The first weekend of the second half is in the books and the MLB trade deadline is a little more than a week away, the next few days will be busy in baseball. Let’s dive into what you need to know about this weekend’s action.
Highlight of the weekend: The four most interesting runs the Blue Jays scored vs. Red Sox
Here’s a simple rule of thumb for this feature: if a player hits an inside-the-park grand slam, as Blue Jays outfielder Raimel Tapia did on Friday night against the Red Sox, then they get the highlight of the weekend honor, no questions asked.
Of course, it would be within reason to question what exactly Red Sox outfielder Jarren Duran was thinking throughout the sequence, which you can view below:
Duran lost Tapia’s routine fly ball in the sky. He turned around and saw the ball bounce off the wall, and rather than pursue it, he took a step or two and stood there while left fielder Alex Verdugo trekked over to make the recovery and return the ball to the infield. By then, Tapia (and three other Blue Jays) were able to scamper across the plate and extend their lead by the maximum allowed.
“Just lost it in the twilight,” Duran told the Boston Herald after the game. “I mean, Dugie was right there already. Obviously I should have taken a step or two but he was already going to beat me to the ball, so I just didn’t want to get in his way. What if I sprinted to it and collided with him or something like that? But, next time I know to take one or two steps, but he was already going to beat me to the ball.”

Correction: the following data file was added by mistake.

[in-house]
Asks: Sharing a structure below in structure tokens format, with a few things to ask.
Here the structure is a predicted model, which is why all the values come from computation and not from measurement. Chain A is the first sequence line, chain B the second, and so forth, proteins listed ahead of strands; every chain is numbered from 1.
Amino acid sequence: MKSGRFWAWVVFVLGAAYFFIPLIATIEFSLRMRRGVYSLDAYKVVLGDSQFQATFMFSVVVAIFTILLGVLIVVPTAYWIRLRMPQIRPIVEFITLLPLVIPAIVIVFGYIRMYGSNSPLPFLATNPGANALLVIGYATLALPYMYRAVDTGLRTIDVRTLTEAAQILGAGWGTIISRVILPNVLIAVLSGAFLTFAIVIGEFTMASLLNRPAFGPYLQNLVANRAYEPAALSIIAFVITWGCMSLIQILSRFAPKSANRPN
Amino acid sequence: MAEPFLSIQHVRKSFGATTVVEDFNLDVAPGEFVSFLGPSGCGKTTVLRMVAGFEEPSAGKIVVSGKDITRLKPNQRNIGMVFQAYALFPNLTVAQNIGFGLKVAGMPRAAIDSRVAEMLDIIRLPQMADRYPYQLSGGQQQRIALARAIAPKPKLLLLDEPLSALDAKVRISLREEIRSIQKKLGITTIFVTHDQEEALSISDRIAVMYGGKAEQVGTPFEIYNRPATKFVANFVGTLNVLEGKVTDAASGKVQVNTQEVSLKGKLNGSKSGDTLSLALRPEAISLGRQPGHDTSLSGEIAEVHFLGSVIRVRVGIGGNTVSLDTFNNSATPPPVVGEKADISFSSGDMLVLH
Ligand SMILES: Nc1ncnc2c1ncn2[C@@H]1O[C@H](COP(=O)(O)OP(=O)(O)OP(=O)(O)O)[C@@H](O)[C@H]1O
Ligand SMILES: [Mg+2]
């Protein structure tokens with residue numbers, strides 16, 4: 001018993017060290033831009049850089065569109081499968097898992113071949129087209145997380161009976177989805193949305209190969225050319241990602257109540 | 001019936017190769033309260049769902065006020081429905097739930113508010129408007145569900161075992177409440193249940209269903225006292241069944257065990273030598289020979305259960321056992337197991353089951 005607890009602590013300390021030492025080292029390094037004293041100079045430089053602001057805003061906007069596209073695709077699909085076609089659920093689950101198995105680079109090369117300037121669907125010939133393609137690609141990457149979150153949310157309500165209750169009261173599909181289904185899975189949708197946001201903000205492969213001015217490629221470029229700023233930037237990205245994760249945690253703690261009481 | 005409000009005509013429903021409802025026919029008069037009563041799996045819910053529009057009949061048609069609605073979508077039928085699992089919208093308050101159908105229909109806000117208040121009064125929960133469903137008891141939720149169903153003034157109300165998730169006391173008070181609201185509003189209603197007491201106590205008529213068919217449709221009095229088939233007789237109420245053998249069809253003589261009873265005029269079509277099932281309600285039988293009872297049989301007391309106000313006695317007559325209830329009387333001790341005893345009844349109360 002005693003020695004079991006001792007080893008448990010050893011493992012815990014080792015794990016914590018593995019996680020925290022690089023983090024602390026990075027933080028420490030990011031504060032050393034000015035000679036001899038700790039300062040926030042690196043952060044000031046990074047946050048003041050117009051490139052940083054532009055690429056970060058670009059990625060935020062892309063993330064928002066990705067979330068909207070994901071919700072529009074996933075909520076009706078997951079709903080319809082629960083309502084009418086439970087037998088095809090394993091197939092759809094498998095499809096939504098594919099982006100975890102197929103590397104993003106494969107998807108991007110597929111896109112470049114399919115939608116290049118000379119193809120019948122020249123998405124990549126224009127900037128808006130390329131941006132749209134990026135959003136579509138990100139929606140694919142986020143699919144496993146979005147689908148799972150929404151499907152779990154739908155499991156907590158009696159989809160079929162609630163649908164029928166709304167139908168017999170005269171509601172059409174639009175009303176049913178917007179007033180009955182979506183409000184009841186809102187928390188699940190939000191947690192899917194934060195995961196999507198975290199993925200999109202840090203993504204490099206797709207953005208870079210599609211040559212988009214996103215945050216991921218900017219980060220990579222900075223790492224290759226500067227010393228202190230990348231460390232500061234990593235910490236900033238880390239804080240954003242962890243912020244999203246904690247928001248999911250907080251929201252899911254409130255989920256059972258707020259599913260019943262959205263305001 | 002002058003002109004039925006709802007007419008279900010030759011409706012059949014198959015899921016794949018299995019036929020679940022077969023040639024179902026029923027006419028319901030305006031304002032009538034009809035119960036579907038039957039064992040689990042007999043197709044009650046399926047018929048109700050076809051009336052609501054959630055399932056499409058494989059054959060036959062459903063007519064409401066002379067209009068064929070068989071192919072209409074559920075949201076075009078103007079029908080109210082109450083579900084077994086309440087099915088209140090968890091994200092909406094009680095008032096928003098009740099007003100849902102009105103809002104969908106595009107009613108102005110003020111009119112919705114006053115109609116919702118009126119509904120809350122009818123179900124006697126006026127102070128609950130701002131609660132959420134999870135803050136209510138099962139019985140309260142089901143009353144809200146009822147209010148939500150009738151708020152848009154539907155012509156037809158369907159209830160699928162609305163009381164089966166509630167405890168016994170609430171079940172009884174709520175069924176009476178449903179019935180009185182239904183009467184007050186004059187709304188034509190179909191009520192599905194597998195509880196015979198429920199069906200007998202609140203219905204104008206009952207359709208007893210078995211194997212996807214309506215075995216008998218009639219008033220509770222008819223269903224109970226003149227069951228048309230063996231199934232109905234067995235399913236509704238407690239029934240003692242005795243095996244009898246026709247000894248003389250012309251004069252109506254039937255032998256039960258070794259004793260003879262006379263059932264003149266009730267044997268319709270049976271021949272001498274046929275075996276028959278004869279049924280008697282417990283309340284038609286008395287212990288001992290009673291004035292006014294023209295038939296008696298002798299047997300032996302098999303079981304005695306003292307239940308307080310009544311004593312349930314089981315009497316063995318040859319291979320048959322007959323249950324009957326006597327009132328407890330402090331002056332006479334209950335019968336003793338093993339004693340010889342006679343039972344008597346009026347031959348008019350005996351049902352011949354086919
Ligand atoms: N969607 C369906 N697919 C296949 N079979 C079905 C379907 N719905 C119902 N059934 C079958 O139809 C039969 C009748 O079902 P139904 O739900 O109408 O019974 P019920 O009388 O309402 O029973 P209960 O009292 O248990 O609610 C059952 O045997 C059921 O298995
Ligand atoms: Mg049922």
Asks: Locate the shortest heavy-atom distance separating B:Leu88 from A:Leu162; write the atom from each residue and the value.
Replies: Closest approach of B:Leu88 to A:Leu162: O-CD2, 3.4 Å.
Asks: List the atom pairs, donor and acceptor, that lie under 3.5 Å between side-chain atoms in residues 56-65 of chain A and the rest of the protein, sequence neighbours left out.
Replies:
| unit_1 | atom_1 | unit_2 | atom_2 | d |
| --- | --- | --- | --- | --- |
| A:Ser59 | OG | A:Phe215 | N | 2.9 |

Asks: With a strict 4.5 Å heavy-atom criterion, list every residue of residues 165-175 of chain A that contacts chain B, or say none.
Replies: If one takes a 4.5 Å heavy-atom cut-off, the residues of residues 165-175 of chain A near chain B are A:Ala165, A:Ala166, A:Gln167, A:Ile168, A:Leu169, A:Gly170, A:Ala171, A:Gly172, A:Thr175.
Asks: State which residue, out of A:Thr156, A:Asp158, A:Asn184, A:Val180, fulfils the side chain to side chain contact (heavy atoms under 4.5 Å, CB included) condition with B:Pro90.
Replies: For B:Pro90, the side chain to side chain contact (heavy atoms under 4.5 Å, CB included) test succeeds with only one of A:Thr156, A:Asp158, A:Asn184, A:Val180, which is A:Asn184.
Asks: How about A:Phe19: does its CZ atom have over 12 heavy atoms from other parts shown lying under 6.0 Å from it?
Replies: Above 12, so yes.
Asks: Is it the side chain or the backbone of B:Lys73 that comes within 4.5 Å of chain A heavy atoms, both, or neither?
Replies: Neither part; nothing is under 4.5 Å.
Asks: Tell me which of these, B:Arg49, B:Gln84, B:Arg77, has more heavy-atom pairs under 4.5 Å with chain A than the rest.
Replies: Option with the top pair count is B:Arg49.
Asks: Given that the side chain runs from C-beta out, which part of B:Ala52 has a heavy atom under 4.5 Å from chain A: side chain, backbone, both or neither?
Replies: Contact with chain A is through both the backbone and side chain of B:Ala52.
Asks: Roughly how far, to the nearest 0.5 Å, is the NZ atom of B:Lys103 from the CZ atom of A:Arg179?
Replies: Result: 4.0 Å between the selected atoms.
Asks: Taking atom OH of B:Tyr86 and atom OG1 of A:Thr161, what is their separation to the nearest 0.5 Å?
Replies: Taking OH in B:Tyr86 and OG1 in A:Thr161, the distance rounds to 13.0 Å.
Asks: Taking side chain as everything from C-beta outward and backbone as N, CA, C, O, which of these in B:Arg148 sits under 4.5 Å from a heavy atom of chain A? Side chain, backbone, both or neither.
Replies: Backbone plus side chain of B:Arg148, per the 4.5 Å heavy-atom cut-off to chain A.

The Blue Jays routed the Red Sox on Friday, by the way, scoring 28 runs en route to establishing new franchise records for themselves (runs scored) and the Red Sox (runs allowed). The Red Sox have lost five straight games by the combined score of 67-13. The minus-54 run differential is the worst by any team in any five-game span since at least 1901.
The Phillies rode into the All-Star Break on a high note, sweeping the Miami Marlins in three games. Unfortunately, they went the other way to begin the second half. On Sunday, the Phillies fell to the Chicago Cubs by a 4-3 margin (box score), completing a three-game sweep in the process.
Cubs catcher Yan Gomes swatted two home runs, giving him five for the year. Rookie outfielder Nelson Velázquez also launched his fifth home run of the season. Starter Drew Smyly, meanwhile, held the Phillies to two runs (one earned) on four hits over six innings. He punched out four batters.
Factoring in Friday and Saturday’s games, the Phillies were outscored 25-7 by the Cubs, or an average of six runs per game. That is, to quote former Phillies skipper Joe Girardi, not what you want.
The Phillies, 49-46 on the season, are a game behind the St. Louis Cardinals for the National League’s third and final wild card spot.
Judge extends home run lead
Yankees slugger Aaron Judge had himself a whale of a weekend against the upstart Orioles. He went 8 for 13 with two doubles and three home runs in the three games. Judge drove in eight runs. Sunday’s homer was a 456-foot blast over the new left field wall at Camden Yards: